Thoughtful and intelligent views do exist on the natural gas project across British Columbia's north. Many others are stunningly simplistic, and are often emotional, and/or romanticized. Others are outright racist.
Social media channels continue to sizzle with people claiming to be “right” on the issue of Wet’suwet’en hereditary chiefs, the Wet’suwet’en council, and the Coastal GasLink (CGL) pipeline.
Our pages, like others, have been flooded with arguments supporting those hereditary chiefs opposed to the pipeline, or backing the elected council that supports the pipeline and its promised benefits.
Many of them, though, strike us as more “righteous” than right.
Some comments are thoughtful and intelligent. But many are stunningly simplistic, and are often emotional, and/or romanticized. Some, sadly, are outright racist.
And, above all, they come in copious amounts from those who have no real stake in the outcome.
We know that not all hereditary chiefs of the Wet’suwet’en oppose the pipeline, although sloppy reporting in news media often omits the word some, and thus implies that all oppose the line.
(For more on this, hear and watch Theresa Tait Day, a Wet’suwet’en hereditary chief at odds with the protesting group. Elsewhere, she argues: “A few house chiefs cannot make decisions for our nation. Everyone in our nation is equal and has a voice that deserves to be heard.”)
Followers of the protesting hereditary chiefs insist that past court decisions support their claims to title and rights.
Not quite so, lawyers tell us. The Supreme Court of Canada may have established and clarified principles involving rights and title, and indeed established specifics for the Tsilhqot'in Nation. But lawyers say it would need yet another court case to settle the specifics of Wet’suwet’en rights and title.
BC MLA John Rustad says he heard protesting hereditary chiefs talking of wanting to go back to court to move forward a title case. “I can only assume opposition to the Coastal Gaslink Pipeline is what they believe will achieve this.”
We’re not lawyers. What we do know is that there is a challenging division in Wet’suwet’en country, and the question is: How do we best resolve it? Or, rather, who can best resolve it?
We certainly expect no help from the rag-tag army of social-media zealots, group-thinkers, ferry-blockers, fear-mongerers, amateur lawyers, extremists, anarchists, bigots, and wannna-be activists — who offer instant solutions to a longtime problem that is not theirs, and is not theirs to solve.
The latest from Premier John Horgan on the CGL pipeline: “We’re moving on. . . . British Columbians want to turn a page here and have a brighter future than what we’ve had with our past and I know that's what the Wet’suwet’en want as well.'
Federal NDP leader Jagmeet Singh agrees: “There seems to be a vast overwhelming majority of community members in the Wet’suwet’en territory that have expressed their support.”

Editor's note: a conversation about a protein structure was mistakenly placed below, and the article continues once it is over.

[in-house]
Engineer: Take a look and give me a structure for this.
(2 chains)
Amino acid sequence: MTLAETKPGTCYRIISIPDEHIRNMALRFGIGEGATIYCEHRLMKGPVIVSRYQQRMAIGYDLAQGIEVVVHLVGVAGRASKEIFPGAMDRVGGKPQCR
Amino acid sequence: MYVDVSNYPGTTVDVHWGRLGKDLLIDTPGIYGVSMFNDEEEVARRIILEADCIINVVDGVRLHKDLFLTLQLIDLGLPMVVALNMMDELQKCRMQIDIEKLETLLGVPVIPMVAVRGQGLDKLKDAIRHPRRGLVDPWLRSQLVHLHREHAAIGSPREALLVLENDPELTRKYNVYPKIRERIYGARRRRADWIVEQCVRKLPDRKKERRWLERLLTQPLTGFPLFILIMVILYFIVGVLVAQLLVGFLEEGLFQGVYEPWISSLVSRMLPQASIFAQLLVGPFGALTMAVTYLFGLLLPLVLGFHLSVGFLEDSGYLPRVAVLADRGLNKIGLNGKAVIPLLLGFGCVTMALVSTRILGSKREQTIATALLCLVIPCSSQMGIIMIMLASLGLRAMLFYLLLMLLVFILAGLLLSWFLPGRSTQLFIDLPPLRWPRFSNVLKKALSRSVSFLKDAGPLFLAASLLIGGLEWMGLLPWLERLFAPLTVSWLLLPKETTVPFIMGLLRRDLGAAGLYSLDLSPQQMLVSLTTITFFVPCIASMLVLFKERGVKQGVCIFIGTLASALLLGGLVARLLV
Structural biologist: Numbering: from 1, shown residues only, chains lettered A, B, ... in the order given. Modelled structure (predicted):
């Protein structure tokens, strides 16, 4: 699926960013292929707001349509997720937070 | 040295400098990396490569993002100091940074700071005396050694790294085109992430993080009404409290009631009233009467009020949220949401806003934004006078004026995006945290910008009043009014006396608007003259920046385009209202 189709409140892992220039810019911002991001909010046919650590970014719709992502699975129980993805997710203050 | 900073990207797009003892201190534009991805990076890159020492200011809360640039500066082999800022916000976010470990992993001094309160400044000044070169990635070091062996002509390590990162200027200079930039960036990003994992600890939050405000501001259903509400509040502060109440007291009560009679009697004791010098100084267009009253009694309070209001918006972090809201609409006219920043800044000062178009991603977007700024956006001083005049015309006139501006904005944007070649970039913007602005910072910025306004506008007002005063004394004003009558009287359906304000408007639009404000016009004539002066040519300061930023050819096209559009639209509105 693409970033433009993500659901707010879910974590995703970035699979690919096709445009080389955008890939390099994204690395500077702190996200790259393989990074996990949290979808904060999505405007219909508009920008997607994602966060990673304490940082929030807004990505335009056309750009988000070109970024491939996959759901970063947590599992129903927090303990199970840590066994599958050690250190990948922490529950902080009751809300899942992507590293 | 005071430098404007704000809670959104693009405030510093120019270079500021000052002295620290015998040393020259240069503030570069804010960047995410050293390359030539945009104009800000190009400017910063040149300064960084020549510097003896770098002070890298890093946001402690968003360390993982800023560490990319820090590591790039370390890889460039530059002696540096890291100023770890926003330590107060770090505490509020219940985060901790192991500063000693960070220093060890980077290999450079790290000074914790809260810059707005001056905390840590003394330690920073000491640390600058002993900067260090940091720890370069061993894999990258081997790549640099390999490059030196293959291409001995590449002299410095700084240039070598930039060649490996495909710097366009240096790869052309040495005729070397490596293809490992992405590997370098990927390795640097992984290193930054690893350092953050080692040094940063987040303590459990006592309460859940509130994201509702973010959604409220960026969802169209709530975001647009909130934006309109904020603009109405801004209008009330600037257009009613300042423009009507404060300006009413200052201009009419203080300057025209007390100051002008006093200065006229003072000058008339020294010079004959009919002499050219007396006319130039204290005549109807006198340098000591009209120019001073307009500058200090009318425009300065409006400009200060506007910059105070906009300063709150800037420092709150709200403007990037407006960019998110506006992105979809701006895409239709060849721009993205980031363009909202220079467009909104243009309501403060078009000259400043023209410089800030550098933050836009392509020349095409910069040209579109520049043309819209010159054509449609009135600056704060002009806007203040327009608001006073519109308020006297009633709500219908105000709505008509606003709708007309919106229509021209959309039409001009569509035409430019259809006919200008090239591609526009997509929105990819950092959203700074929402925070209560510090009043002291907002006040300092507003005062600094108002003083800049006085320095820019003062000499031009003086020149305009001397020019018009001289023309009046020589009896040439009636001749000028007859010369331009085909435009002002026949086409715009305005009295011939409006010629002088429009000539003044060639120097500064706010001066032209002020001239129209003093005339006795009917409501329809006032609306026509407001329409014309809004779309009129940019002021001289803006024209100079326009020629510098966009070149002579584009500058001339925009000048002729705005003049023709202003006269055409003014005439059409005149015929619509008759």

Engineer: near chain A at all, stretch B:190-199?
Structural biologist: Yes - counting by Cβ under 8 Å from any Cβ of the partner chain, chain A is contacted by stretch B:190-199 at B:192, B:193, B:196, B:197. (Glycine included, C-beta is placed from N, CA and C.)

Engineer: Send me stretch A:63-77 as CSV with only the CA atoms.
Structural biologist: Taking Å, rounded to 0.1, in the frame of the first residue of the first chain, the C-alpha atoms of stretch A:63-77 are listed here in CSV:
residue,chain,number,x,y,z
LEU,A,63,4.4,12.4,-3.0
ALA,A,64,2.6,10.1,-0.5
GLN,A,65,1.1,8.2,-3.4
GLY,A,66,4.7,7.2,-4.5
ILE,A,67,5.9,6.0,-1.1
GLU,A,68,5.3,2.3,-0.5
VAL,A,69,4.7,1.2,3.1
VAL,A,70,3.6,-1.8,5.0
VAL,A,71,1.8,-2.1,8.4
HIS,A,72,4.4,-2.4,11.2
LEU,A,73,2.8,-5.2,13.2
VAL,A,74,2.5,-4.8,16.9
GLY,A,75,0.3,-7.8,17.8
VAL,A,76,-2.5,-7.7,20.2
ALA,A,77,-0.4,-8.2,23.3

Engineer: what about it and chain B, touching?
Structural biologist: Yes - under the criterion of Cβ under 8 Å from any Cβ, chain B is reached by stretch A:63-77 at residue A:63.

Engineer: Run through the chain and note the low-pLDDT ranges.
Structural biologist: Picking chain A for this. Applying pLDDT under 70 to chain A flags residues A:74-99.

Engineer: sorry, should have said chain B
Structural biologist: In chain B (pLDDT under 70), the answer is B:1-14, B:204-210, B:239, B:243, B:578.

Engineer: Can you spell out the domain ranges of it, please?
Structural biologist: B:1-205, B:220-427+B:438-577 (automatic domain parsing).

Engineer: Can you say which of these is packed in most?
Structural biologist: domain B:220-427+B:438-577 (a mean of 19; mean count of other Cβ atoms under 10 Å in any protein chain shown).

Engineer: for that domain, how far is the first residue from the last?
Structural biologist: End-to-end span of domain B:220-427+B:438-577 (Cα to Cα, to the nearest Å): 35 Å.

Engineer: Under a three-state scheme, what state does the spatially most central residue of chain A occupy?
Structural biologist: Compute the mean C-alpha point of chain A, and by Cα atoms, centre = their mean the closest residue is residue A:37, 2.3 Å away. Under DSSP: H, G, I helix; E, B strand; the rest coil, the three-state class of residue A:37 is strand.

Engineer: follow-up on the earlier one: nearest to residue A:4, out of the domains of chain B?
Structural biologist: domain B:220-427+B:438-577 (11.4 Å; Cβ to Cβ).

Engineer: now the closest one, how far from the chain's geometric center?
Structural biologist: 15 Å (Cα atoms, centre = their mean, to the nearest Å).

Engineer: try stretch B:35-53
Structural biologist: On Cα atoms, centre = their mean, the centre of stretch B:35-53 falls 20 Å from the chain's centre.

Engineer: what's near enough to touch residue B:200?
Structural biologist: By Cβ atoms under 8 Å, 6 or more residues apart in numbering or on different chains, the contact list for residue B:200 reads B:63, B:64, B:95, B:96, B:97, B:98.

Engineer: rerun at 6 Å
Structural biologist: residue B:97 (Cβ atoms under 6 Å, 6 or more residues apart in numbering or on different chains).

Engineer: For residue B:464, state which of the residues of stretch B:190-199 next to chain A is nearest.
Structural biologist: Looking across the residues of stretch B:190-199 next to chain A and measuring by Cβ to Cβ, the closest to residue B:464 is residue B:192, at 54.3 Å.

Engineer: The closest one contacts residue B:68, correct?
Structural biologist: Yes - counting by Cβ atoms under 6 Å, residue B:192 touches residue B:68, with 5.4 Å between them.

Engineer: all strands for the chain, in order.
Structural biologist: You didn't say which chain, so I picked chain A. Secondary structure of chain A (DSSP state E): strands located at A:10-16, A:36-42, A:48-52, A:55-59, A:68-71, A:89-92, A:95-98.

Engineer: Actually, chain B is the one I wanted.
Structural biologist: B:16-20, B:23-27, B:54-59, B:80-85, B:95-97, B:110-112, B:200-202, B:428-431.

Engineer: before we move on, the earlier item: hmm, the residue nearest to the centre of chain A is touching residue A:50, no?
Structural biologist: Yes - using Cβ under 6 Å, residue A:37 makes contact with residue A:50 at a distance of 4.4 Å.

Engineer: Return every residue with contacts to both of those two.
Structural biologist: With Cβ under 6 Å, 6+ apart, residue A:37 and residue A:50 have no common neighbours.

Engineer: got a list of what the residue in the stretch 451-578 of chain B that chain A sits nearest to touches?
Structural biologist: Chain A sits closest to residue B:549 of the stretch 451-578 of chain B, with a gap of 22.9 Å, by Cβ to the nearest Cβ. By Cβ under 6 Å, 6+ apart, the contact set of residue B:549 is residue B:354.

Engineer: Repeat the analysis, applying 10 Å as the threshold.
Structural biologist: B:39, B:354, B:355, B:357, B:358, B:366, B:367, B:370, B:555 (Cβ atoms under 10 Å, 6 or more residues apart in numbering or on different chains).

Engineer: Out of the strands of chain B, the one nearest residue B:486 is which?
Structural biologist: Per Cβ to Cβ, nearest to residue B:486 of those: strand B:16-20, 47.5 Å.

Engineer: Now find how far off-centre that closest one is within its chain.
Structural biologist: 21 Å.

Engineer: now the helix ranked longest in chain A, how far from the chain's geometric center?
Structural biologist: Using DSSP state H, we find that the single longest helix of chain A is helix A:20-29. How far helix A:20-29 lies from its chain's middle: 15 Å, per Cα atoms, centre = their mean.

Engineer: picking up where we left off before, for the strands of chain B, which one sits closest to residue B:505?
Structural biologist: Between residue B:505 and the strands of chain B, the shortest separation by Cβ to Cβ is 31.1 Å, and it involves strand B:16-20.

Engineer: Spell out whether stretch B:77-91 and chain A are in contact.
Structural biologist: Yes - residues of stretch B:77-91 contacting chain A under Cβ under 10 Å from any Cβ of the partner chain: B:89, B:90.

Supporters of the pipeline and the elected council point to votes of as high as 85% in affected communities. Building the pipeline means jobs constructing the line itself, as well as jobs maintaining it, filling it, and for decades into the future processing the lower-carbon product it moves. First Nations are readier than ever before to take on these beneficial jobs, and that is already happening.
The opposing hereditary chiefs, though, say any such votes are not binding on them, and that support for the line is “quite small and limited.” How do they know that? Certainly not through any public referendum votes they have held.
A First Nations leader, Dallas Smith, president and CEO of the Nanwakolas Council on Vancouver Island, says: “I respect both the hereditary chiefs’ right to have a say in what goes on in their homelands, as well as the elected council’s responsibility to find opportunities that help raise their community out of crippling socioeconomic realities. But I wish they would discuss these issues internally . . . instead of letting all their respective ‘allies’ control the messaging.”
And Wet’suwet’en elder Russell Tiljoe adds: “It may take a long time to be able to come to a consensus agreement, but it is there, we just have to find it.”
Coastal GasLink has appealed for an opportunity for 'meaningful dialogue' with the hereditary chiefs who oppose pipeline. Those chiefs, however, say they will talk only to federal and provincial governments and the RCMP.
But how about some serious and open dialogue among the Wet’suwet’en people?
In the end, we’re with Crystal Smith, elected chief councillor of the Haisla Nation, and chair of the First Nations LNG Alliance. She says: “The issue is one for the Wet’suwet’en people to resolve. . . . They do not need outside help or outside interference or outside activists.”
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